Frederica Perera, founder of the Columbia Center for Children’s Environmental Health, didn’t write Children’s Health and the Perils of Climate Change for her fellow scientists. As she remarked in conversation with Lola Adedokun, executive director of the Aspen Global Innovators Group at the Aspen Institute, she intended it to be “a wake-up call and a call to action for parents and grandparents, pediatricians and other health care providers, as well as government leaders.”
According to Joe Waters, co-founder and CEO of Capita, “Dr. Perera’s work helps us to see more clearly that dangerous planetary change is the most pressing global threat there is to healthy human development in the earliest years of life. Mitigating climate change, adapting to its unavoidable impacts, and building the resilience of societies by building the resilience of our young children is the human development challenge of this century.”
I reviewed her new book and spoke to Dr. Perera about her work, the dire challenges ahead and her reasons for cautious optimism.
What makes children more susceptible to air pollution and climate change?
Both factors are dangerous, and together, even more so. Take for example, mothers exposed to heat and air pollution during pregnancy. Their babies have a much higher risk of being born too soon. The same synergistic effect can be seen with asthma hospitalizations. We’ve just started to learn about the ways that these two fossil fuel-derived threats combine to increase risk.
We’re seeing 50 million children forced from their homes due to climate-related events. That’s three times more than from armed conflicts and violence. Think of the disastrous floods in Pakistan last year that displaced nearly 8 million people.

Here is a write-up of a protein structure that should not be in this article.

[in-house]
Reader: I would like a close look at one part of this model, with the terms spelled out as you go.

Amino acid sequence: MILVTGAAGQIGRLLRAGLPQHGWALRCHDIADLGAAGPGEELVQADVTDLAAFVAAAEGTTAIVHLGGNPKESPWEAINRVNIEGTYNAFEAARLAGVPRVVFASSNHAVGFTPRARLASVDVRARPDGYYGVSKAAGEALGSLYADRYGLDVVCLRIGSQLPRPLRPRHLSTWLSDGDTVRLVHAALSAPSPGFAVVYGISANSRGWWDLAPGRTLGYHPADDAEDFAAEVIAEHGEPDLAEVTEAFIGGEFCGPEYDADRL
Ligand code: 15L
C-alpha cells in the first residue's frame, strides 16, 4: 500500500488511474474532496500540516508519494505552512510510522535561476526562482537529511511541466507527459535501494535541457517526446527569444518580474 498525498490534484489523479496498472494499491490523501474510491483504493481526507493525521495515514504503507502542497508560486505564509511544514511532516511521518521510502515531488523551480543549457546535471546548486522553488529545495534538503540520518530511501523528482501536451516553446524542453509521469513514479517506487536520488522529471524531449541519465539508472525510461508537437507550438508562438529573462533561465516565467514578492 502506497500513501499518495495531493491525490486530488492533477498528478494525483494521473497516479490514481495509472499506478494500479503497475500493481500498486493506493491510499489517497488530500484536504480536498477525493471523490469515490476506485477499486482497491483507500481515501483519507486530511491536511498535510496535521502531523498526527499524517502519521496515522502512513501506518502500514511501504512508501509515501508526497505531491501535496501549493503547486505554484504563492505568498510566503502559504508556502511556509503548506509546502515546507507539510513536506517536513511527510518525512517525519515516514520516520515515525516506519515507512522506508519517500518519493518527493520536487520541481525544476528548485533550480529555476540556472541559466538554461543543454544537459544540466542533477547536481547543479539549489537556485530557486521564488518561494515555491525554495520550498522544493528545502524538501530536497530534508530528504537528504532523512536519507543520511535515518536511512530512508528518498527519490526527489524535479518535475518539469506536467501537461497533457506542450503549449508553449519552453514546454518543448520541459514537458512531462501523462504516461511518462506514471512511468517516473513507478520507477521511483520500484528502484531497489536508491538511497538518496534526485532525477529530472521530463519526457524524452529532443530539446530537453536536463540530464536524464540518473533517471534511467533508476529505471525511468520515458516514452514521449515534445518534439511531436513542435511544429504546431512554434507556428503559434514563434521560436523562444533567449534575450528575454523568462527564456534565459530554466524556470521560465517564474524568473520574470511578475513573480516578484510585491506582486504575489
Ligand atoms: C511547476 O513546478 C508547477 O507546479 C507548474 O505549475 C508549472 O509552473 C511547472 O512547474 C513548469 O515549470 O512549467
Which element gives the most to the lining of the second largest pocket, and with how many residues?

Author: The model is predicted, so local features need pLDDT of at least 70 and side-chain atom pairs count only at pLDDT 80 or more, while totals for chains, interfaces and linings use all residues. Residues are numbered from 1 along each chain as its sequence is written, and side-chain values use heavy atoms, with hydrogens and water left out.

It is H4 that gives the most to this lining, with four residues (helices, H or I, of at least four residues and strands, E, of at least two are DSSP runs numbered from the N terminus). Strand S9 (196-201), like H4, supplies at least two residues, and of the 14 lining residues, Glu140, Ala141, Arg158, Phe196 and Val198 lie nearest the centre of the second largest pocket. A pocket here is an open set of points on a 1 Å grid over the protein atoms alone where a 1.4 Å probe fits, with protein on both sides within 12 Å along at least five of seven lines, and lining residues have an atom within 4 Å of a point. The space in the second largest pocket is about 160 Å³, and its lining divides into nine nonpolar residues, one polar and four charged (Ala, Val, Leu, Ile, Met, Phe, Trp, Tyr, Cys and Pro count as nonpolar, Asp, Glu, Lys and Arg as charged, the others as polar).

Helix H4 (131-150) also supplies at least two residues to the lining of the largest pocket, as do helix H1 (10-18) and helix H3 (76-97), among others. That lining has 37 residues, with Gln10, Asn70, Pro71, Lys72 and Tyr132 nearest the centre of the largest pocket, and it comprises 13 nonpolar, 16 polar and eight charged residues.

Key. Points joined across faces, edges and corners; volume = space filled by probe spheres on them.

Children are not just little adults. There are many biological reasons for their vulnerability. It’s why we need to protect their development, from the time they’re in utero through their early years and even into adolescence.
What do you wish more people understood about the crisis we face?
Children bear the brunt of the damage but lack the economic and political levers to force action, and not enough adults have been advocating for them. It should be shocking that the United States never ratified the Convention of the Rights of the Child. Other countries have formally recognized the fundamental rights of children to demand that their governments reduce greenhouse gas emissions.
How has your personal journey shaped your climate awareness?
As a child, I was always interested in the environment because I had the opportunity to live in different ecosystems. I started off in the suburbs and then moved to a farm in Vermont, where I realized how very dependent we were on natural systems and how interconnected we are, which I think many urban children don’t know. They don’t have access to nature in the way that I would hope they would.
As a researcher, I started off looking at a class of environmental carcinogens that come from fossil fuel burning, generally called polycyclic aromatic hydrocarbons (PAH). We identified DNA damage from these pollutants as a risk marker for cancer. And to my surprise and dismay, we were seeing the same DNA damage in newborns and young children. And I thought, well, this is really something we need to look at, in terms of health effects in children, not just cancer but other effects. In our research over the years we have shown that prenatal PAH exposure is harmful to the developing brain and other organs.
What actions do you recommend for parents, educators and advocates?